Most beautifully organized closets have one thing in common – built-ins. Whether it be custom shelving or even IKEA installations, a little (or a lot) of construction is needed. But what if you're a renter, and you can't make any permanent changes to your closet? Are you doomed to a single hanger rod and basically a hot mess? Luckily we have some solutions that don't require a power drill. Read on for renter-friendly ideas that will keep your closet nice and tidy.
1. Use mix and match closet organizers. Closet organizers have come a long way in recent years. The key to using these pieces for maximum functionality, and keep it aesthetically pleasing, is to fill up the whole closet from top to bottom. Measure your closet before you shop so you know exactly how everything will fit. Choose a combination of stand-alone items on the floor, hanging shelves, and over-the-door tools to utilize every square inch.
2. Place a dresser in the closet. This is such an easy solution that adds loads of storage. Simply place a dresser in your closet underneath the hanging clothes. It can store shoes, folded sweaters, or underwear and socks. It's great because it provides closed-door storage that always looks great, and doesn't require a single modification to your closet.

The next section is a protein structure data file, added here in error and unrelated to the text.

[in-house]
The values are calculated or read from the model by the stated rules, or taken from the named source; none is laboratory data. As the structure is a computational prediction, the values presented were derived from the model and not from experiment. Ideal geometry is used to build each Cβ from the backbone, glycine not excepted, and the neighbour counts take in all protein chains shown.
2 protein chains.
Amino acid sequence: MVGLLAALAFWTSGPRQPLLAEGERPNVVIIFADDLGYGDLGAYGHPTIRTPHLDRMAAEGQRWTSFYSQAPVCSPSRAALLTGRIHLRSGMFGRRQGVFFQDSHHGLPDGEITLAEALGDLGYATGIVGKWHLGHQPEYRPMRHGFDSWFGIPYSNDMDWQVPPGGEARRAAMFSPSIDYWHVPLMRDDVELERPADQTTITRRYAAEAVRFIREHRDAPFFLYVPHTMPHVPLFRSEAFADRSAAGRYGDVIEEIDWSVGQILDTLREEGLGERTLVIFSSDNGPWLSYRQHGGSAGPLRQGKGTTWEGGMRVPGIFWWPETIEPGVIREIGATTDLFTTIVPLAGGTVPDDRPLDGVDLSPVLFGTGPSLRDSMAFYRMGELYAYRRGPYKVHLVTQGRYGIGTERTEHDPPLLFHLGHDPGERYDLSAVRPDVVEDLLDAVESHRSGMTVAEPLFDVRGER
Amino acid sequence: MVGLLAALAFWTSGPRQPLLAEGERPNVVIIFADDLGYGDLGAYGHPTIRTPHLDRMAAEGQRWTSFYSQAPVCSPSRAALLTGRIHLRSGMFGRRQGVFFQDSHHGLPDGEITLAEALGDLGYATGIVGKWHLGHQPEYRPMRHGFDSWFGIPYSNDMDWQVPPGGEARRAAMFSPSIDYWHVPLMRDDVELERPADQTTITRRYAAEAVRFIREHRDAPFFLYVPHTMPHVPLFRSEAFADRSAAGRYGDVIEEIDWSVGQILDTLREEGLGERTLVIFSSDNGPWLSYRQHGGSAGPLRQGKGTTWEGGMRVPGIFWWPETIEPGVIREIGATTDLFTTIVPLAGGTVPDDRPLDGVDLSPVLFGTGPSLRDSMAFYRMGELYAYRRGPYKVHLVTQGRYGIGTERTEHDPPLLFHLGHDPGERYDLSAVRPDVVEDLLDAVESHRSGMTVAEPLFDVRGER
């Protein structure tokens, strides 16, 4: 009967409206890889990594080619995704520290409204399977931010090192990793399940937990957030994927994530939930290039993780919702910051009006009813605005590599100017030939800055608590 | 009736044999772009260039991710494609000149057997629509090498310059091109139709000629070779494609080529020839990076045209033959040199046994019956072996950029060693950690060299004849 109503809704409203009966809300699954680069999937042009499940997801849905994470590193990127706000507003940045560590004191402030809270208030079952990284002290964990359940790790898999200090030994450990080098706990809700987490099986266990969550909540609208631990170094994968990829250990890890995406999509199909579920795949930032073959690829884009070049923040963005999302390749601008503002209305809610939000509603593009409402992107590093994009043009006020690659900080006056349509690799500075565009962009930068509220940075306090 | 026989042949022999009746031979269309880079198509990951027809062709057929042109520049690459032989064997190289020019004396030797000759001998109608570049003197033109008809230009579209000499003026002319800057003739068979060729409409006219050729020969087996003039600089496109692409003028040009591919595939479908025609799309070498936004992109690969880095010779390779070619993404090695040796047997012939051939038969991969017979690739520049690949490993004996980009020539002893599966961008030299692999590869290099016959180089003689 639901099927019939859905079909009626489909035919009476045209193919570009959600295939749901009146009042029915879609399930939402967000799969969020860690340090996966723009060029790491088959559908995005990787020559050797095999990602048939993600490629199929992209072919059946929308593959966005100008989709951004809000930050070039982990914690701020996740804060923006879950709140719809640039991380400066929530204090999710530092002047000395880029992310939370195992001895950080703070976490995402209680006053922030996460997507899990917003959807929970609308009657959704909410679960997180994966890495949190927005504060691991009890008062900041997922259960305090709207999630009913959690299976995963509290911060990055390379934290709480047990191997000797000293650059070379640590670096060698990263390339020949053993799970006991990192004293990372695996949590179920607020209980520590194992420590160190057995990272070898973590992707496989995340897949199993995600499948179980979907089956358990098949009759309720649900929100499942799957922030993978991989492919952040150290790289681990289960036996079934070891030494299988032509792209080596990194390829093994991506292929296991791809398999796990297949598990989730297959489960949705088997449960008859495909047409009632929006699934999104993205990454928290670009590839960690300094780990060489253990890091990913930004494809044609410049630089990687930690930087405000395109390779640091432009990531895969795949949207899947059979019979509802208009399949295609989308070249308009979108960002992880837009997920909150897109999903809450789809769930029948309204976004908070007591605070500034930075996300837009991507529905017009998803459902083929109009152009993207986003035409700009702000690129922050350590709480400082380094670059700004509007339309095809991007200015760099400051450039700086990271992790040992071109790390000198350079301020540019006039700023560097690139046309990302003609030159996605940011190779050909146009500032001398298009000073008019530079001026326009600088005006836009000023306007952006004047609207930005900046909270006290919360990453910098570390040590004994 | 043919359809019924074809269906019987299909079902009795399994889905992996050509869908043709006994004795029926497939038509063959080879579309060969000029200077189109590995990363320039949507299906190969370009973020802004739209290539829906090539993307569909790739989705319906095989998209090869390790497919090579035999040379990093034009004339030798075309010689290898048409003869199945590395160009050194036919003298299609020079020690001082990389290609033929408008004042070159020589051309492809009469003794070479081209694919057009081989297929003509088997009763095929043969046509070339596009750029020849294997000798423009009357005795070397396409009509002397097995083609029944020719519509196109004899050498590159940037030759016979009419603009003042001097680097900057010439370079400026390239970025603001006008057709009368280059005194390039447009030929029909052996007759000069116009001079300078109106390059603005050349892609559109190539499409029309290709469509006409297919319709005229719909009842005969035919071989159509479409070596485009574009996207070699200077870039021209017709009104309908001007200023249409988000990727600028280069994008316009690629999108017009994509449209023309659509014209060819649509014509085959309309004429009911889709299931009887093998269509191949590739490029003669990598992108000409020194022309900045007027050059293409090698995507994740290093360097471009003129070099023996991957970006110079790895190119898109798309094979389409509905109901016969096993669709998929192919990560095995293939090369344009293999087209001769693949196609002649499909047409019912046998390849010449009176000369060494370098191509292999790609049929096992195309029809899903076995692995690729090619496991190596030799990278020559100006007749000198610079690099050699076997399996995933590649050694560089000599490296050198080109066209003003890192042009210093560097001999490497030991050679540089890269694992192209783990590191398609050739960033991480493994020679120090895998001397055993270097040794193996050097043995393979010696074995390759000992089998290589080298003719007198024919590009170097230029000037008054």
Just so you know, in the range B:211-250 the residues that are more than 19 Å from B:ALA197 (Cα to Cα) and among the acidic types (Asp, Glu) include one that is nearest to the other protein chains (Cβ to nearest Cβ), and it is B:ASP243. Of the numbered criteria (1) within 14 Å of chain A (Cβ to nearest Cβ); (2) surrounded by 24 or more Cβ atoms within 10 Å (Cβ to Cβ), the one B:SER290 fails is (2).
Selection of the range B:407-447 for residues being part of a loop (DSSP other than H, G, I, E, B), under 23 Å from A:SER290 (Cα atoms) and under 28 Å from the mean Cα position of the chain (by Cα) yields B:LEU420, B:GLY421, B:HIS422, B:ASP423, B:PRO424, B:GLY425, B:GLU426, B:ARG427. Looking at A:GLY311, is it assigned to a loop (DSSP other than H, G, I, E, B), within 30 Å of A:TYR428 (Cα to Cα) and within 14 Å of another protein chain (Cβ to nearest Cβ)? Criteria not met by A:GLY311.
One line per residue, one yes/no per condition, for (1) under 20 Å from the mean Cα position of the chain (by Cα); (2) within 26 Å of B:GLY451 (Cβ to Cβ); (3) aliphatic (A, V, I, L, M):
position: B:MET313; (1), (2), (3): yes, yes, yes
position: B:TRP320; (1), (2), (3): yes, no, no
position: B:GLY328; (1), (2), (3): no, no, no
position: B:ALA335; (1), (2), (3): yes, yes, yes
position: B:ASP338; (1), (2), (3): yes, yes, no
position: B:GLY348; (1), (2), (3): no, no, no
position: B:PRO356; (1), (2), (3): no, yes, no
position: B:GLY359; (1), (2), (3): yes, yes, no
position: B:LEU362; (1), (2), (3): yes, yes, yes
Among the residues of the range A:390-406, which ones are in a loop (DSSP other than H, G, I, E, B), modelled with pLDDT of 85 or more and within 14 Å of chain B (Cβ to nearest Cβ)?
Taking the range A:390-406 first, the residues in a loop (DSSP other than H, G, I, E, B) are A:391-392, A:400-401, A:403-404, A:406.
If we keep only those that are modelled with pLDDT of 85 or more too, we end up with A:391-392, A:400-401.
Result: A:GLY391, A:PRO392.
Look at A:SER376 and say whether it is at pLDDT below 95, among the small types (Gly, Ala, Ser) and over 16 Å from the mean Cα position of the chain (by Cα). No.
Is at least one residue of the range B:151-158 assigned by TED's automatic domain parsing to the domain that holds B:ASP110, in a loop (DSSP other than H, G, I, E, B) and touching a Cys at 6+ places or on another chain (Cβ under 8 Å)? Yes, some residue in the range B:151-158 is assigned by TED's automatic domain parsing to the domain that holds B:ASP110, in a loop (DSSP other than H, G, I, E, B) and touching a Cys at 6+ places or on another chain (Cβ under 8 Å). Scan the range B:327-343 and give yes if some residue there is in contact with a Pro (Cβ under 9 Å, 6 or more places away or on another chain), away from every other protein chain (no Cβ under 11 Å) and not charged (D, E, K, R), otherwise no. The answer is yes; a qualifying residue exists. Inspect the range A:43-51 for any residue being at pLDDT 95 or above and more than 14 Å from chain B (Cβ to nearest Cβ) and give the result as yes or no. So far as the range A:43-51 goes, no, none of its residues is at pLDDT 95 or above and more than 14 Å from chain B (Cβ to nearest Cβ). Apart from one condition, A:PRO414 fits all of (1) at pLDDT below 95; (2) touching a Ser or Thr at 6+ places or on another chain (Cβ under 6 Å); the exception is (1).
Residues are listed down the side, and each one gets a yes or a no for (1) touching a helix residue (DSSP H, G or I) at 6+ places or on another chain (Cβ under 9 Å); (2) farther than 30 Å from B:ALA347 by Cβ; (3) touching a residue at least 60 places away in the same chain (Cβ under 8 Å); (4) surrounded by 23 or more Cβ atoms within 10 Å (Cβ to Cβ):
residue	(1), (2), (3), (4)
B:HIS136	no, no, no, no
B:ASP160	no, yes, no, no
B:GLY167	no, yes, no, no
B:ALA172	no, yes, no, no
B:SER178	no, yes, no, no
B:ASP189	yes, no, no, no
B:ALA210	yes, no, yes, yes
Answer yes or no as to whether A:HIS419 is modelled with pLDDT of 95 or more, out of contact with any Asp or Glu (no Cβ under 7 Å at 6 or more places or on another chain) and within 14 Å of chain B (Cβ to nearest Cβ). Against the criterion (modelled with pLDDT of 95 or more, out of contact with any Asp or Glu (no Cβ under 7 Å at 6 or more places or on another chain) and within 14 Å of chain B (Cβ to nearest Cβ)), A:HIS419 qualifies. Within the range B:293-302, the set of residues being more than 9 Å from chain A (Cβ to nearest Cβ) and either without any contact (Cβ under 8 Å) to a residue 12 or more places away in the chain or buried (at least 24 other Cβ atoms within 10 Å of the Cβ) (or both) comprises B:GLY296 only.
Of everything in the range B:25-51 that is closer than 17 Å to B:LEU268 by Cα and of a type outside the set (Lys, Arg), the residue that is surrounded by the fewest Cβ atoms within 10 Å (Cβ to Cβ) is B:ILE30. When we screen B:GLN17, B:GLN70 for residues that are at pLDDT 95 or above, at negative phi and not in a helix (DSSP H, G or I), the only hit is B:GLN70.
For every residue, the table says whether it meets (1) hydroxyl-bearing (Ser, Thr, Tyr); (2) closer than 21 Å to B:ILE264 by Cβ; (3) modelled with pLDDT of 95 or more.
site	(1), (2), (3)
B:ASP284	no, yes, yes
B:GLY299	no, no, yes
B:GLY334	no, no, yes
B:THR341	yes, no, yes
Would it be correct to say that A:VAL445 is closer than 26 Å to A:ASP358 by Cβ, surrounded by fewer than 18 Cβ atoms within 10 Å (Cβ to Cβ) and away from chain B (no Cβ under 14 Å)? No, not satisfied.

3. Use a bookshelf. This linen closet is super-organized thanks to a single bookshelf. This cubby shelf holds bins, paper towels, and other linens; and looks like it was custom made for the space. Want to make your closet really shine? Add some temporary wallpaper for an extra chic look.
4. Never underestimate the power of matching baskets. This closet uses a combination of a cubby shelf, labeled hampers, and matching baskets. Loading the top shelf of a closet with matching baskets or bins, as opposed to just random piles of belongings, makes a huge difference.
5. Use Command hooks. For smaller items like neck ties and jewelry use non-permanent sticky hooks. Placed on the wall or the inside of a closet door they can add function and organization without damaging any surfaces.